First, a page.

Earlier this week I attended the annual conference of ALT (the Association for Learning Technology) which I previewed last week on my personal blog and I have already written one post there on the first keynote and the digital continuum.

Staff development
The conference session on the latest survey (PDF) from UCISA /JISC: 2008 Survey of Technology Enhanced Learning for higher education in the UK highlighted the following conclusion:

Staff skills were overwhelmingly noted as the greatest challenge that these new demands [in particular streaming media, mobile computing, podcasting and Web 2.0] would create, with staff development and strategies being seen as the primary remedies

At a symposium on staff development by Sue Westerman from Canterbury Christ Church reported on the DEBUT Project.  This has focused on improving digital literacies amongst staff, something that’s also done here as part of the e-literacy programme.  However the format of the Canterbury programme is quite different and appealing.

Staff attend a short introductory session and then are given a choice of 25 tools from which they have to choose the 6 most relevant to them.  Training is then provided in different formats depending on the tool: tools & formats (PDF).  Sue reported that in addition to significant increases in understanding the programme has also resulted in greater integration of these technologies into teaching.

Typing Exam Essays
At Edinburgh University Nora Mogey has been investigating the use of computers as an alternative to hand-written exams (for essays).  Students spend all year word-processing (including coursework) but then for their final exams they have to pick up a pen.  Edinburgh carried out a pilot last year on some mock exams and this year they will be extending this to some final exams.  Students on the pilot were offered a choice of hand-written or word-processed (with the computer option using special software – exam4 – installed on students’ own laptops to lock them down).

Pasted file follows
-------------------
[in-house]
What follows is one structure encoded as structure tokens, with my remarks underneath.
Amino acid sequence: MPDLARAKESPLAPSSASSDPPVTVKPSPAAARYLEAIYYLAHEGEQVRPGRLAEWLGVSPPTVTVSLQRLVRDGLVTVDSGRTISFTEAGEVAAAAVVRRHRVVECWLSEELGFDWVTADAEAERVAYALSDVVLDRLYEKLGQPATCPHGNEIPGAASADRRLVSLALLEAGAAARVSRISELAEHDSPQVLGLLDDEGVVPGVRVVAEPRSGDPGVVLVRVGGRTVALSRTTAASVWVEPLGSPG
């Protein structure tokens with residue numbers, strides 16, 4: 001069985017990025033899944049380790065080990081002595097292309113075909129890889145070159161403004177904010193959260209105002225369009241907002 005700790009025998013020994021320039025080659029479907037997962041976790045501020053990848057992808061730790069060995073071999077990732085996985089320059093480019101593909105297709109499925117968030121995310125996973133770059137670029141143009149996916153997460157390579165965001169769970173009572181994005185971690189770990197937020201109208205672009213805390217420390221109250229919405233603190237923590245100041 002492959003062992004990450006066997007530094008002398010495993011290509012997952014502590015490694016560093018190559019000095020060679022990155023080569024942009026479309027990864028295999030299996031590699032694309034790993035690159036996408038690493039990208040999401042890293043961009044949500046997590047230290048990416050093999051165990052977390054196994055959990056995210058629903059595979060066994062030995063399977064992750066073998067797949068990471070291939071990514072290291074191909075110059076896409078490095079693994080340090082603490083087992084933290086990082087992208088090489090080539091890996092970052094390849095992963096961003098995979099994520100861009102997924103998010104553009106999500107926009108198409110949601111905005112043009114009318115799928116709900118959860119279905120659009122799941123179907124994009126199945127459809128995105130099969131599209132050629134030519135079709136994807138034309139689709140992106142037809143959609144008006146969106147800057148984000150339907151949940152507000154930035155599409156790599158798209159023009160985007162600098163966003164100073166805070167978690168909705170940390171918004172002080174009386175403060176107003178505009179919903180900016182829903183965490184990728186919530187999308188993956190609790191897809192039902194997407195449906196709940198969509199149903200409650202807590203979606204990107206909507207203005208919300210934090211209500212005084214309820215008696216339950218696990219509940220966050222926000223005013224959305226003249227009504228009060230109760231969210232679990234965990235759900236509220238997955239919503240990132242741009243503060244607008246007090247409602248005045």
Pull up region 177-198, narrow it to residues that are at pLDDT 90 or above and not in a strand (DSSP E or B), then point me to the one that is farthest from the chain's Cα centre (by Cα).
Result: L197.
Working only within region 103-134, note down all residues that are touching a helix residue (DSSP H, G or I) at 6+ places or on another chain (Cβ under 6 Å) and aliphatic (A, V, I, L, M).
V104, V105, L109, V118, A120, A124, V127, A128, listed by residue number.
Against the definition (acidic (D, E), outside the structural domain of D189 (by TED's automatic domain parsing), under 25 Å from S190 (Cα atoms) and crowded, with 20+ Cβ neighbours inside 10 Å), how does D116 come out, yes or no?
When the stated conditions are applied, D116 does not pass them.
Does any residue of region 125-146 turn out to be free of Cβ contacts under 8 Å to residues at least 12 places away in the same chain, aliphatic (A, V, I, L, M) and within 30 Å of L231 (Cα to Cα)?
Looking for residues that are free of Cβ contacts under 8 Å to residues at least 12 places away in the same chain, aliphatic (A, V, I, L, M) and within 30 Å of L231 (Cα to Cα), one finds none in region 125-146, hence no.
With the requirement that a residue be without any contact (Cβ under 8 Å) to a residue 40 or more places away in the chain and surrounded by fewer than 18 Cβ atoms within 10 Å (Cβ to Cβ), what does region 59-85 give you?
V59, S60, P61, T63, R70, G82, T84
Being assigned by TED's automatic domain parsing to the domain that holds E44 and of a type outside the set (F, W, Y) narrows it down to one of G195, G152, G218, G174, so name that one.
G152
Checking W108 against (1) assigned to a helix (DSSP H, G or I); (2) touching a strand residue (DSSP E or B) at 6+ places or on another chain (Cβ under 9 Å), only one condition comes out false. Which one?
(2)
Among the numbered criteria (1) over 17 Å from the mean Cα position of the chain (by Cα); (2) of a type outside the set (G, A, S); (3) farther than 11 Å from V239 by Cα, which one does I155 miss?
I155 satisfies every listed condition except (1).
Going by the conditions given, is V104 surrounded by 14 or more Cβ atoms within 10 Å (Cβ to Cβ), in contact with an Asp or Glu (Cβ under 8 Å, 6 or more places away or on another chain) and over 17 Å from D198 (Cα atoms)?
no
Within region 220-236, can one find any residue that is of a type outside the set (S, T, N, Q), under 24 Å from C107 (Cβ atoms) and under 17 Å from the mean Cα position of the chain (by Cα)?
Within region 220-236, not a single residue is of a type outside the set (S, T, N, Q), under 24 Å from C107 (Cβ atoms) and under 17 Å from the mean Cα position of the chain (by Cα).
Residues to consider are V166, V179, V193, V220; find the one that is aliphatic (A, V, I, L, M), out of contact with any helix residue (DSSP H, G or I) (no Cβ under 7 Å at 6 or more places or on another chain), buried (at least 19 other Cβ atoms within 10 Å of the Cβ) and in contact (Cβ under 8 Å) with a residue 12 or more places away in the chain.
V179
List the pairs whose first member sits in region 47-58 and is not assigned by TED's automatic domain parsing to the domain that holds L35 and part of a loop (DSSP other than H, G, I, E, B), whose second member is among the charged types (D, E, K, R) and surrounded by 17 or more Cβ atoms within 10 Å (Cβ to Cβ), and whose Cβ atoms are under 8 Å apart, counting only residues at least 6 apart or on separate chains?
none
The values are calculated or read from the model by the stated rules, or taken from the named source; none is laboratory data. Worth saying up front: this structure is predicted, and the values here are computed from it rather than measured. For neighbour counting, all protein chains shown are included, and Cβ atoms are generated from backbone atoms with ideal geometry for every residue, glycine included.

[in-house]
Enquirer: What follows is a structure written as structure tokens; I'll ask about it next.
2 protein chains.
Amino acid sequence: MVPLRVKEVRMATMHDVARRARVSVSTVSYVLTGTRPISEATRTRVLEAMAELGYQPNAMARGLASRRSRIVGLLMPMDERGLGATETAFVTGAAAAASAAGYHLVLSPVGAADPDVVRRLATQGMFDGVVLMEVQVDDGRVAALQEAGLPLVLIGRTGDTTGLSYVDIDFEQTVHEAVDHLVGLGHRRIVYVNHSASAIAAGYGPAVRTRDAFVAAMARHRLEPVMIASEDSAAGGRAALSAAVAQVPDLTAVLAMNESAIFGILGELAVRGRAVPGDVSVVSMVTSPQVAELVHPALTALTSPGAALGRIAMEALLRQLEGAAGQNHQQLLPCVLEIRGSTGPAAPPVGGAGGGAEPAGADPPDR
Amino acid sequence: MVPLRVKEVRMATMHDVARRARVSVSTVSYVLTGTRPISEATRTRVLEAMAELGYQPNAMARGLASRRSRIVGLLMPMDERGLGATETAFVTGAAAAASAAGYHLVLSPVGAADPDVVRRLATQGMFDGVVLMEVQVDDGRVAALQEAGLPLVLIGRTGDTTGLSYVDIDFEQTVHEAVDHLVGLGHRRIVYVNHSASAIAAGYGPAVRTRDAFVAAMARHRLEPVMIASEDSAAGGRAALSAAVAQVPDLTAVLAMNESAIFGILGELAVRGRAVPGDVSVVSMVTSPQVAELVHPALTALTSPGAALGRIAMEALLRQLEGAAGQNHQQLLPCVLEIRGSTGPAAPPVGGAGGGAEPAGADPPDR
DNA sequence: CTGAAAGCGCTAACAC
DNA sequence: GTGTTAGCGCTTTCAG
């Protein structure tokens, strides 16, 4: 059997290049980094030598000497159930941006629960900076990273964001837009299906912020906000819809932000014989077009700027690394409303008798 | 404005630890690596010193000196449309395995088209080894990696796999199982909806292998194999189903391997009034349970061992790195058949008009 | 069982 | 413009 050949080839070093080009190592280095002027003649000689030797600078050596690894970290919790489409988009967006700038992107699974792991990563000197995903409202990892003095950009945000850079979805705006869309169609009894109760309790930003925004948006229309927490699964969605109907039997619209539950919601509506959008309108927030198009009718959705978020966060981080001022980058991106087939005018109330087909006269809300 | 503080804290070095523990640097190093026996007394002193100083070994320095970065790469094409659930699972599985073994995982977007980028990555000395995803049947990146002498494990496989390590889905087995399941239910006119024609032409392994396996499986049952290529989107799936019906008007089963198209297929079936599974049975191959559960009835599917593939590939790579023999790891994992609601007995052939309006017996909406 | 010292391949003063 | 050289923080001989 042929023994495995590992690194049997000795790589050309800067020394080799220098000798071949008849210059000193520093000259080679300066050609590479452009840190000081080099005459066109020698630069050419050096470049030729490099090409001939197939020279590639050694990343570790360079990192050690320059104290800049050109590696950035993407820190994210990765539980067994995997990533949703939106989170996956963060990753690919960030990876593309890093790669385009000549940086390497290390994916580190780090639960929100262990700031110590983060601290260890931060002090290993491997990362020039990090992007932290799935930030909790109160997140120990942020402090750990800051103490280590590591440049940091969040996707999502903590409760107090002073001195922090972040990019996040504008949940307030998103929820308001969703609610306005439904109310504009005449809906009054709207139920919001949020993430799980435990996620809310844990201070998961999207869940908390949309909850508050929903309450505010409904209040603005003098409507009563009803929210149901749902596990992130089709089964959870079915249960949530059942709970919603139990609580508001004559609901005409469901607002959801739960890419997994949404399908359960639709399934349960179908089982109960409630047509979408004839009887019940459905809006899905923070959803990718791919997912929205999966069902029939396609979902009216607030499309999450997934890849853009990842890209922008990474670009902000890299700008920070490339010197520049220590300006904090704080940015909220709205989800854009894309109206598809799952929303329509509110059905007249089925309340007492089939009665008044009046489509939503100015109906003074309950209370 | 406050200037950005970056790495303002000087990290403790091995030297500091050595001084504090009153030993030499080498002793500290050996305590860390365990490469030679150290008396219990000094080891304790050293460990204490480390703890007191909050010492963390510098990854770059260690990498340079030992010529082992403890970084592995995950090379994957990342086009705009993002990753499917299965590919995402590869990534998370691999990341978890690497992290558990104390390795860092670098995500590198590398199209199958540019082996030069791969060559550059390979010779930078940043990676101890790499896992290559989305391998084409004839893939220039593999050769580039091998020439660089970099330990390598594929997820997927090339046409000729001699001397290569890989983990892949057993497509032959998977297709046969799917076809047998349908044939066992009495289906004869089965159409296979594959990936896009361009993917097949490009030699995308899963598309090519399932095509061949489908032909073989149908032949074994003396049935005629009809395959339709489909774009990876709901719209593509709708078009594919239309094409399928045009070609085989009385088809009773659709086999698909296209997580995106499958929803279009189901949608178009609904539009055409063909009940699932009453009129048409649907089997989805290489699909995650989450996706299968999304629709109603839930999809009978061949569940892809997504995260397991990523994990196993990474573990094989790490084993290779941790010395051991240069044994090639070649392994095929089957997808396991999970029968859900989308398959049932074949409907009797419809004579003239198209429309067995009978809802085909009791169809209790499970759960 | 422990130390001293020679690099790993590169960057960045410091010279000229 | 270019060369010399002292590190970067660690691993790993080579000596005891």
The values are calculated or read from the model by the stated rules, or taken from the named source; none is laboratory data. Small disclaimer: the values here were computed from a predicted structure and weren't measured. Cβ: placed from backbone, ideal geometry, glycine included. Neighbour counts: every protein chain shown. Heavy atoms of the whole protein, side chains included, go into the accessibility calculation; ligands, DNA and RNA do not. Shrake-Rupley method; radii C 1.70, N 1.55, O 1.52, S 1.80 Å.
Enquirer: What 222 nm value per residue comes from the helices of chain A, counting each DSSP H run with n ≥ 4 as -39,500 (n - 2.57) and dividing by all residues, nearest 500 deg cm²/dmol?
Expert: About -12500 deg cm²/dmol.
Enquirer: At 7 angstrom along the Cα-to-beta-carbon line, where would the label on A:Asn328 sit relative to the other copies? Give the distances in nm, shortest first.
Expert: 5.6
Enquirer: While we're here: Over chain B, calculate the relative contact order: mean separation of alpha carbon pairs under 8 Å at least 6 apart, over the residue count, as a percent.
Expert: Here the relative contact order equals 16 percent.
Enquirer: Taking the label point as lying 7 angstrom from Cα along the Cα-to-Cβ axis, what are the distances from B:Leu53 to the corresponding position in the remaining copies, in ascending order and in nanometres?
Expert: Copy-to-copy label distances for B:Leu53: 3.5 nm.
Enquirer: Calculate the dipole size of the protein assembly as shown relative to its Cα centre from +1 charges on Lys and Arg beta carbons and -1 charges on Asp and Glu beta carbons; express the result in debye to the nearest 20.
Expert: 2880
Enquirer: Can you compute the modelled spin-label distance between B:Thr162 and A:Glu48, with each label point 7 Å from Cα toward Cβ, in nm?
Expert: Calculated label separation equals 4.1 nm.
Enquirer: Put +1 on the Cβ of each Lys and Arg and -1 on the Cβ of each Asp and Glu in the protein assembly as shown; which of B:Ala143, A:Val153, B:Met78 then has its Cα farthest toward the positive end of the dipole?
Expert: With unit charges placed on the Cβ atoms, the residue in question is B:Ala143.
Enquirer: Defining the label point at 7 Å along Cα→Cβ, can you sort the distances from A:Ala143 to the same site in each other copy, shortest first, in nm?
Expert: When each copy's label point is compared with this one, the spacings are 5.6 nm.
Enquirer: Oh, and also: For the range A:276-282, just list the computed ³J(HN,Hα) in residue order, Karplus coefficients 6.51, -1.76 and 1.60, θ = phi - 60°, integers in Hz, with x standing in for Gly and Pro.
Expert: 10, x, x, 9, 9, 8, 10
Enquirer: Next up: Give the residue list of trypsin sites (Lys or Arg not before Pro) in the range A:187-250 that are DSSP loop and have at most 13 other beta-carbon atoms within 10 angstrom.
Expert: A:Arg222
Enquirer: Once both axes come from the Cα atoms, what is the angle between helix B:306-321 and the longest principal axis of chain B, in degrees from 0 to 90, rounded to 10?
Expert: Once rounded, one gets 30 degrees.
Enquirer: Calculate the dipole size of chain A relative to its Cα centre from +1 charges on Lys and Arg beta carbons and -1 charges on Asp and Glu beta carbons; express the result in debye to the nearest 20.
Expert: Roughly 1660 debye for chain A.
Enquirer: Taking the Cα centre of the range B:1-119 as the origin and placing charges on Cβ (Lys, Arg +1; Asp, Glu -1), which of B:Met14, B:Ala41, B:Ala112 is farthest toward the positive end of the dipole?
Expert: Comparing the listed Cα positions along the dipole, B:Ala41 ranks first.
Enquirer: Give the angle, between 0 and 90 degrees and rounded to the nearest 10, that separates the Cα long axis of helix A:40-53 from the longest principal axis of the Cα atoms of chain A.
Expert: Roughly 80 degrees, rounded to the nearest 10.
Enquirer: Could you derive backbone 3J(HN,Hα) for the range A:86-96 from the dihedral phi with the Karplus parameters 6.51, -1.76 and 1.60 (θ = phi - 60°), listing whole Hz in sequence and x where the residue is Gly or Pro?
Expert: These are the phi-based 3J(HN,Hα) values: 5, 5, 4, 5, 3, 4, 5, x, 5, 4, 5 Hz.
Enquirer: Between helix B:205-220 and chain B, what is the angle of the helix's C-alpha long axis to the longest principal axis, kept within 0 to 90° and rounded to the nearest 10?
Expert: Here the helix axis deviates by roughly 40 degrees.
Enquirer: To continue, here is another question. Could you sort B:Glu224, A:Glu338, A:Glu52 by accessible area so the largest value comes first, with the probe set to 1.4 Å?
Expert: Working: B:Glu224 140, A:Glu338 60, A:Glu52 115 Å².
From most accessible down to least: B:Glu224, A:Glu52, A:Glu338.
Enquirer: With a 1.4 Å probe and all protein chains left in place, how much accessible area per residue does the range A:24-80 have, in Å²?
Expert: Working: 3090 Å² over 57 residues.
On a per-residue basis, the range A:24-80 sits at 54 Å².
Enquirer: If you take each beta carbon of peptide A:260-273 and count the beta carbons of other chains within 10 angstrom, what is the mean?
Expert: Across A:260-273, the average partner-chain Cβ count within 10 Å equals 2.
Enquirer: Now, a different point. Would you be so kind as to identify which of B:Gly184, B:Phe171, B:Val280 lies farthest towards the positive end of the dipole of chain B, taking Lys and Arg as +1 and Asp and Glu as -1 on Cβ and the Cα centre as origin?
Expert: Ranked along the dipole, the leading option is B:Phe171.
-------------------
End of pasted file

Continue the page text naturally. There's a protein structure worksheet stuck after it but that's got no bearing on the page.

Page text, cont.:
The research from the pilot concludes:

…variation in marks between handwritten and typed scripts is negligible compared to variation between markers and therefore offering students the choice to write or type should be feasible. This means that variation in typing ability need not be a major concern…

The practical problem of having a suitable location was also raised: multiple power sockets!  The use of the students’ own laptops is recommended so that students are familiar with the keyboard (which also tend to be quieter on laptops).

Other bits and pieces
The above UCISA / JISC survey also reiterated that we are not alone in our switch to Moodle:

Blackboard continues as the most used enterprise or institutional VLE. However, when also including VLEs that are used more locally, e.g. within departments, then Moodle is most used with a rapid rise since 2005

In Formative Audio Feedback: is FAF a faff?, Robin Johnson from Manchester Met reported on his use of audio recordings for providing students with feedback on dissertations and other (draft) assessments.  He was using a voice recorder & email but it’s something we could do here with the Wimba Voice Tools in Moodle.  He found that the audio recordings either saved him time or allowed him to give more detail.  The feedback from students has been positive and he plans to continue and encourage other colleaguers to join him.  He highlighted the need:

  1. For a clear introduction
  2. To control emotions
  3. For a method for naming the parts of the document
  4. To think about the structure of feedback

One delegate suggested that although it might be less work for the teacher it was potentially more work for the student, as audio feedback would be more difficult to navigate in conjunction with the written text then comments written/typed in-line.